Thursday night's Republican presidential debate often felt more like watching wrestling than a political forum, but the spectacle wasn't just limited to Donald Trump's mean-mugging and the crowd's unnerving applause for his misogynistic comments.
More than just Trump, each of the nine other candidates on stage were given ample opportunity to express their most extreme views. And while the question of defunding Planned Parenthood didn't take up as much air-time as predicted, reproductive health—and abortion, specifically—was on the candidates' minds.
And what was on display wasn't pretty. It was also wildly out of step with where most Americans stand on the issue.
Former Arkansas Gov. Mike Huckabee said that he would ban abortion by giving fertilized eggs full rights under the Fifth and Fourteenth Amendments—due process and equal protection. That would define a person from the moment of conception, effectively outlawing abortion and banning certain forms of birth control. And as reproductive health advocates have warned, personhood would also limit women's constitutional rights, as the application of so-called "fetal harm" laws have already been used to arrest, detain, and incarcerate women for declining cesarean surgery, attempting to self-induce an abortion, or miscarrying.
Personhood, as a legal concept, is so fringe that it has failed almost every time it's been put to a vote. Personhood proposals failed three times in Colorado, including the most recent election in 2014. North Dakota voters also rejected personhood in 2014, and the same thing happened in Mississippi in 2011.
But Huckabee went all-in on the issue on Thursday night. "I think the next president ought to invoke the Fifth and Fourteenth Amendments to the Constitution, now that we clearly know that that baby inside the mother's womb is a person at the moment of conception," he said. "This notion that we just continue to ignore the personhood of the individual is a violation of that unborn child's Fifth and Fourteenth Amendment rights. It's time that we recognize the Supreme Court is not the Supreme Being."
Marco Rubio also advocated personhood in a more roundabout way during the debate. In response to a question about his own record on abortion, Rubio said that, like Huckabee, he believed fetuses had constitutional rights. "I believe that every single human being is entitled to the protection of our laws whether they… have their birth certificate or not," he said.
And while Rand Paul was mum on the issue of personhood on Thursday night, he's the sponsor of a federal personhood measure—the Life at Conception Act—which would turn Rubio and Huckabee's talking points into actual law by giving fertilized eggs protection under the Fourteenth Amendment beginning at “the moment of fertilization.”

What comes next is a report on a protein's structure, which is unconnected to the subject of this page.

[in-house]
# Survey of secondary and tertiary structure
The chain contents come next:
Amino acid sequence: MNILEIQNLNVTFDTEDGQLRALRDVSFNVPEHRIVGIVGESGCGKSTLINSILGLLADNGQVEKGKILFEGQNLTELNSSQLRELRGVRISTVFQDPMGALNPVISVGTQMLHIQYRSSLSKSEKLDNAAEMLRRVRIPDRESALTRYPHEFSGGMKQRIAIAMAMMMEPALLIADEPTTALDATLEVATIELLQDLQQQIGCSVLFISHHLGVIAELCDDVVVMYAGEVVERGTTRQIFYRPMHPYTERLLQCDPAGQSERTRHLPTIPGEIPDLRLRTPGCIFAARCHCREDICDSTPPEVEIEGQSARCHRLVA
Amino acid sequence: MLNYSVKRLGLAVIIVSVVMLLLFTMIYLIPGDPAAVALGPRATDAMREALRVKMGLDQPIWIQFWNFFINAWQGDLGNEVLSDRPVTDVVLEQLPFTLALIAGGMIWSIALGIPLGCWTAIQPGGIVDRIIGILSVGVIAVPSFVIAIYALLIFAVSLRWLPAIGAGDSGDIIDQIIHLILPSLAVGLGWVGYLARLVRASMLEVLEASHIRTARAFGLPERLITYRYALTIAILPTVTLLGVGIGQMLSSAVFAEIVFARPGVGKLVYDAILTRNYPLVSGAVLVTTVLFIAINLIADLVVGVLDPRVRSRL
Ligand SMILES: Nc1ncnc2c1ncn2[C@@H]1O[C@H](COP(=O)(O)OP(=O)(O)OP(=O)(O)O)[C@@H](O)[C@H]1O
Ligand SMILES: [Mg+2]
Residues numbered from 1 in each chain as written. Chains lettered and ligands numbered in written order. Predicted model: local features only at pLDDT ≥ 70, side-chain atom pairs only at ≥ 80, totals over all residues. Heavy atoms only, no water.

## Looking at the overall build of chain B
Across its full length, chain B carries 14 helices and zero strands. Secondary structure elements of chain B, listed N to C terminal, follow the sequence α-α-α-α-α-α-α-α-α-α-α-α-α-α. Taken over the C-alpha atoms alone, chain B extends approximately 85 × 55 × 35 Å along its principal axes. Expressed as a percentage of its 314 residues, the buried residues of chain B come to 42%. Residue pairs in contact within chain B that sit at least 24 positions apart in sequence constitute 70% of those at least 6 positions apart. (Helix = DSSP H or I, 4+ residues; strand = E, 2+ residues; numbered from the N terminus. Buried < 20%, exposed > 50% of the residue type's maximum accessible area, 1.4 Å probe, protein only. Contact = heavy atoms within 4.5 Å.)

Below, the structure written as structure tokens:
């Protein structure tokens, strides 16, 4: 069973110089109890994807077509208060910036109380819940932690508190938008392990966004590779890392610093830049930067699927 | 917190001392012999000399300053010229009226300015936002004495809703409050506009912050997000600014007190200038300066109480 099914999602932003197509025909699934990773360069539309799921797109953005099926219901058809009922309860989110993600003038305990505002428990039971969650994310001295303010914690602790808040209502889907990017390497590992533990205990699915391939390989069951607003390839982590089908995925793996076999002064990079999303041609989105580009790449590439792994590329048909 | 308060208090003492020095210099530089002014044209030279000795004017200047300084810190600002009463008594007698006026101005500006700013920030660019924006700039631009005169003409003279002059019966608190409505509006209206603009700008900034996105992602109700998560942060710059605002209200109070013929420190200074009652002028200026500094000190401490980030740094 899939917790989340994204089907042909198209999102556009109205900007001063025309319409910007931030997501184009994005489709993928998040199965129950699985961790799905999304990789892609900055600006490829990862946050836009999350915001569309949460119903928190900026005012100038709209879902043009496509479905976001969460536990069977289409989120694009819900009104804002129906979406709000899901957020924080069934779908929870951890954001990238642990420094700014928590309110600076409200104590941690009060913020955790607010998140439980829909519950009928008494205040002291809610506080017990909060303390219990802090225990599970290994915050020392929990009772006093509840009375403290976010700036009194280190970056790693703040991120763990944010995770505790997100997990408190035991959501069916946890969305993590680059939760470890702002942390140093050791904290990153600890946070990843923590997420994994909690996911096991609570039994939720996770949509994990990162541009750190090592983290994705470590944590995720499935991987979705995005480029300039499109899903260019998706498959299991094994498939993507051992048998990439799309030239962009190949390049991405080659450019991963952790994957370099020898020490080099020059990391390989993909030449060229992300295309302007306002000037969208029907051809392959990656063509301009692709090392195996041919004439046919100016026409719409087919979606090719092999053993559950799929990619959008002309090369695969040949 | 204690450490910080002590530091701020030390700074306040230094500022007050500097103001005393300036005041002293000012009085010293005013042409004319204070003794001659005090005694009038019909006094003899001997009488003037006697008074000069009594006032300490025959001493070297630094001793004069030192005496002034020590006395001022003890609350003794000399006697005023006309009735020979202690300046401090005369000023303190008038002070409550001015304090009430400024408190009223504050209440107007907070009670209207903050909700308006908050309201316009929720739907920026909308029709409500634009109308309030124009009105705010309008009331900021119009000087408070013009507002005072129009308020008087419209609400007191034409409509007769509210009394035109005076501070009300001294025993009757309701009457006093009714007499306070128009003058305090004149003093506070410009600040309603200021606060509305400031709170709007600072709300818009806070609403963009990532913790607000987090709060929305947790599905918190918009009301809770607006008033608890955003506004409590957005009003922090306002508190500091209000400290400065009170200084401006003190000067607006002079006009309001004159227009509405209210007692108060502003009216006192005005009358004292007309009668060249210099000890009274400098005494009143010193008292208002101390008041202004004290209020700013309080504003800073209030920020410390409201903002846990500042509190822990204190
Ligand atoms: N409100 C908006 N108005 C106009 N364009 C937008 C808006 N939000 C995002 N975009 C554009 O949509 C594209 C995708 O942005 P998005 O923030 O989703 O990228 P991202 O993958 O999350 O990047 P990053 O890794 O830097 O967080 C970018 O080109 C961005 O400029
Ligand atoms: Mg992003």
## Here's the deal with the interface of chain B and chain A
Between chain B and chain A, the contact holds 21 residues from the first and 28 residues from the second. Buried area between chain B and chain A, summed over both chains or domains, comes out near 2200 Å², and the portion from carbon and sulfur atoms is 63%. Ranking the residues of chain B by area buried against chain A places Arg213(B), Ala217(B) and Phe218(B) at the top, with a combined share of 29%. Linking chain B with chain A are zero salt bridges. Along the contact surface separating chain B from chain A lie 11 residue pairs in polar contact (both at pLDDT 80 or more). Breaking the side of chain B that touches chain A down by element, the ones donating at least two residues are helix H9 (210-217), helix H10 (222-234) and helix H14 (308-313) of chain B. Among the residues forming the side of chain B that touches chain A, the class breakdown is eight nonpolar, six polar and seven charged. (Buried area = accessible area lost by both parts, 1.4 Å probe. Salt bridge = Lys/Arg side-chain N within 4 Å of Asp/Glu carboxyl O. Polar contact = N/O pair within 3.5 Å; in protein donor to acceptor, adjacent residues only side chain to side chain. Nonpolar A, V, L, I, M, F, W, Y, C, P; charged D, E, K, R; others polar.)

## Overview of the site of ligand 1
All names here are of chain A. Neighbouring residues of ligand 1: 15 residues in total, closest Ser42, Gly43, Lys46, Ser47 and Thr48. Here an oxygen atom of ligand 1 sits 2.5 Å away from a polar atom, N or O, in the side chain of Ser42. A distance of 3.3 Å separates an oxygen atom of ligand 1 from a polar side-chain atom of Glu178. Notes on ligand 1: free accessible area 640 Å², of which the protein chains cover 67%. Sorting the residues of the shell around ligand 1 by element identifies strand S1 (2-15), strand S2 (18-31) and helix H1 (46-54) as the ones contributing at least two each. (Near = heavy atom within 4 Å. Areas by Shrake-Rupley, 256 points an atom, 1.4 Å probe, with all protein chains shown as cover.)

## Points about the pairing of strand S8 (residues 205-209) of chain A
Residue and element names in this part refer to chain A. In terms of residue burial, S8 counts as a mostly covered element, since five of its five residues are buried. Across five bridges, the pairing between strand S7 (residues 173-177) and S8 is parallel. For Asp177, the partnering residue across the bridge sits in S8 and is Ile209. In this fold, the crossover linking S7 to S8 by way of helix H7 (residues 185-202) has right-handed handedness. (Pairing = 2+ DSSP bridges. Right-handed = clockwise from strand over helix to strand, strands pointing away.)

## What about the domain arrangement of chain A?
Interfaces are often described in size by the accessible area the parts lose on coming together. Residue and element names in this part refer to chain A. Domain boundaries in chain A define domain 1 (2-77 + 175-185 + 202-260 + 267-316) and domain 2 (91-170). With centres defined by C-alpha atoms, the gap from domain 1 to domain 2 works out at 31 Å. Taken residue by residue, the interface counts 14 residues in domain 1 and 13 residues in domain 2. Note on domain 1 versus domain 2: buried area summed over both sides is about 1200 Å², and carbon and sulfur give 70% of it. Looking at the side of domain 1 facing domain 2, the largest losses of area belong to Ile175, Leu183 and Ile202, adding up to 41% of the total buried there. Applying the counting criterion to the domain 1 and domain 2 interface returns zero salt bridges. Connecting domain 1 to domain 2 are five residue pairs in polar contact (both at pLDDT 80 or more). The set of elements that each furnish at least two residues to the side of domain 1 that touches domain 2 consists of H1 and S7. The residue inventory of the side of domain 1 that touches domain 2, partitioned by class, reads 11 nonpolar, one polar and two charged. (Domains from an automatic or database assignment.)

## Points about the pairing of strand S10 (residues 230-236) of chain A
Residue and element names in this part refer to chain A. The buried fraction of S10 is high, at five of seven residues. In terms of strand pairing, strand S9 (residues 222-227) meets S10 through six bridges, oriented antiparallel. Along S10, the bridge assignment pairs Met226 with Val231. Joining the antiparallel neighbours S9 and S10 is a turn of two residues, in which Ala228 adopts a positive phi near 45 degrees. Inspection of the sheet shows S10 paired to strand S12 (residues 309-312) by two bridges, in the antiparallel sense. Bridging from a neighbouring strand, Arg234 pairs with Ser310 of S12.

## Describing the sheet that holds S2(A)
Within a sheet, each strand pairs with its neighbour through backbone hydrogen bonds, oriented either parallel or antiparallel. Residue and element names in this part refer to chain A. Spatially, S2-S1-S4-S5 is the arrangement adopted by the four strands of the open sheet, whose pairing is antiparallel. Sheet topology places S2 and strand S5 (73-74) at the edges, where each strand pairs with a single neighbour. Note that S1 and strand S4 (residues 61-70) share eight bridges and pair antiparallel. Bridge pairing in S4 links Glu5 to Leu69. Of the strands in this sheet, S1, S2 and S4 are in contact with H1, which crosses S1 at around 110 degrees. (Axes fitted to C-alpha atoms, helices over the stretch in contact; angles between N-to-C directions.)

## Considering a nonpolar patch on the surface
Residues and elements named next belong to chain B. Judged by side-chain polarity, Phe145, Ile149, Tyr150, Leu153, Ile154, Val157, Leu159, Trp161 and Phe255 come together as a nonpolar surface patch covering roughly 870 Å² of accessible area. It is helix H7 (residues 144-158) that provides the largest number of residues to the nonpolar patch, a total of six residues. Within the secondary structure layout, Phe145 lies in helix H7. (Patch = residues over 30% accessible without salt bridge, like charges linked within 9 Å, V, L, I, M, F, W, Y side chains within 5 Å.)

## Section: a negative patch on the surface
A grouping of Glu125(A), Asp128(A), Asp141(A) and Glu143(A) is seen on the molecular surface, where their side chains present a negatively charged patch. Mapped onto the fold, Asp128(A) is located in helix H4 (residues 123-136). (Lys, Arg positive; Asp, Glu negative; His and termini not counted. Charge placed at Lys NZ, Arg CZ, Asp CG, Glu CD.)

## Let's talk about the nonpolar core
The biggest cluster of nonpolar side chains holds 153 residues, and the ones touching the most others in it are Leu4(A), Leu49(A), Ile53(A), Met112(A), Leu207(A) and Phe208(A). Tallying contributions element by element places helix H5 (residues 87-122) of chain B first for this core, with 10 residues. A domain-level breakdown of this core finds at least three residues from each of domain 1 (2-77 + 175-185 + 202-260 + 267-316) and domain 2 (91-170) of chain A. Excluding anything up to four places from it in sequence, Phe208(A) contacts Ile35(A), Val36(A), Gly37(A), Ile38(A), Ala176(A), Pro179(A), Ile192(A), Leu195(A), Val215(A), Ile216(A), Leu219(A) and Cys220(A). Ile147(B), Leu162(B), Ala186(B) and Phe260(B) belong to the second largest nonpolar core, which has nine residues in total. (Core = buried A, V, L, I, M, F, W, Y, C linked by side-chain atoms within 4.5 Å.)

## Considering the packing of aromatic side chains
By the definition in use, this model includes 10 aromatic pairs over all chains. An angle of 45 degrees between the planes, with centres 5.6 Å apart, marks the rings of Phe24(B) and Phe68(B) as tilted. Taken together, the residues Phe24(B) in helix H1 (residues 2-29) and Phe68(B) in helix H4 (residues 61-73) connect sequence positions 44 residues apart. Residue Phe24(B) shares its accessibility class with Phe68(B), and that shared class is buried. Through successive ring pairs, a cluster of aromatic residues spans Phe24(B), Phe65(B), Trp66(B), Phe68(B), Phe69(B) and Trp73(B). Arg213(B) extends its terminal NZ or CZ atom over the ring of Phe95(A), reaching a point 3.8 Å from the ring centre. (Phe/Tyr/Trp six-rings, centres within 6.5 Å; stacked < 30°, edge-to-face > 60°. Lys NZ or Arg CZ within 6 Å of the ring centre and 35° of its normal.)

Paul has tried to downplay his support for personhood during the campaign, even sounding strikingly moderate in a recent interview with the Associated Press. “The thing is about abortion—and about a lot of things—is that I think people get tied up in all these details of, sort of, you’re this or this or that, or you’re hard and fast [on] one thing or the other," he said.
But the Kentucky senator's record on the issue is much more black and white then he lets on. In a recorded statement urging voters to support his personhood proposal, he said his measure would “ban abortion once and for all" by giving fetuses full legal rights.
But look at where public opinion is on the issue of access to abortion, and it's clear that these mainstream Republican candidates are far to the right of most people. According to a 2015 Gallup poll, for the first time in seven years, more Americans identify as "pro-choice" than "pro-life." (The poll found that 50 percent of respondents identified as "pro-choice" whereas 44 percent said they were "pro-life.")
And when you drill down on people's views about access, a total of 80 percent of respondents said they believed abortion should be legal in "all circumstances" or under "certain circumstances." (Twenty-nine percent of respondents said abortion should be legal in "all circumstances" while 51 percent said under "certain circumstances." Just 19 percent said they wanted to see abortion illegal in all circumstances, as it would be if a personhood law took hold.)
The full ban on abortion being campaigned on by Huckabee, Rubio, and Paul would take the medical procedure off the table for the one in three women who will have one in their lifetime. That's not what most Americans want, but that hasn't done much to influence the men who want their vote.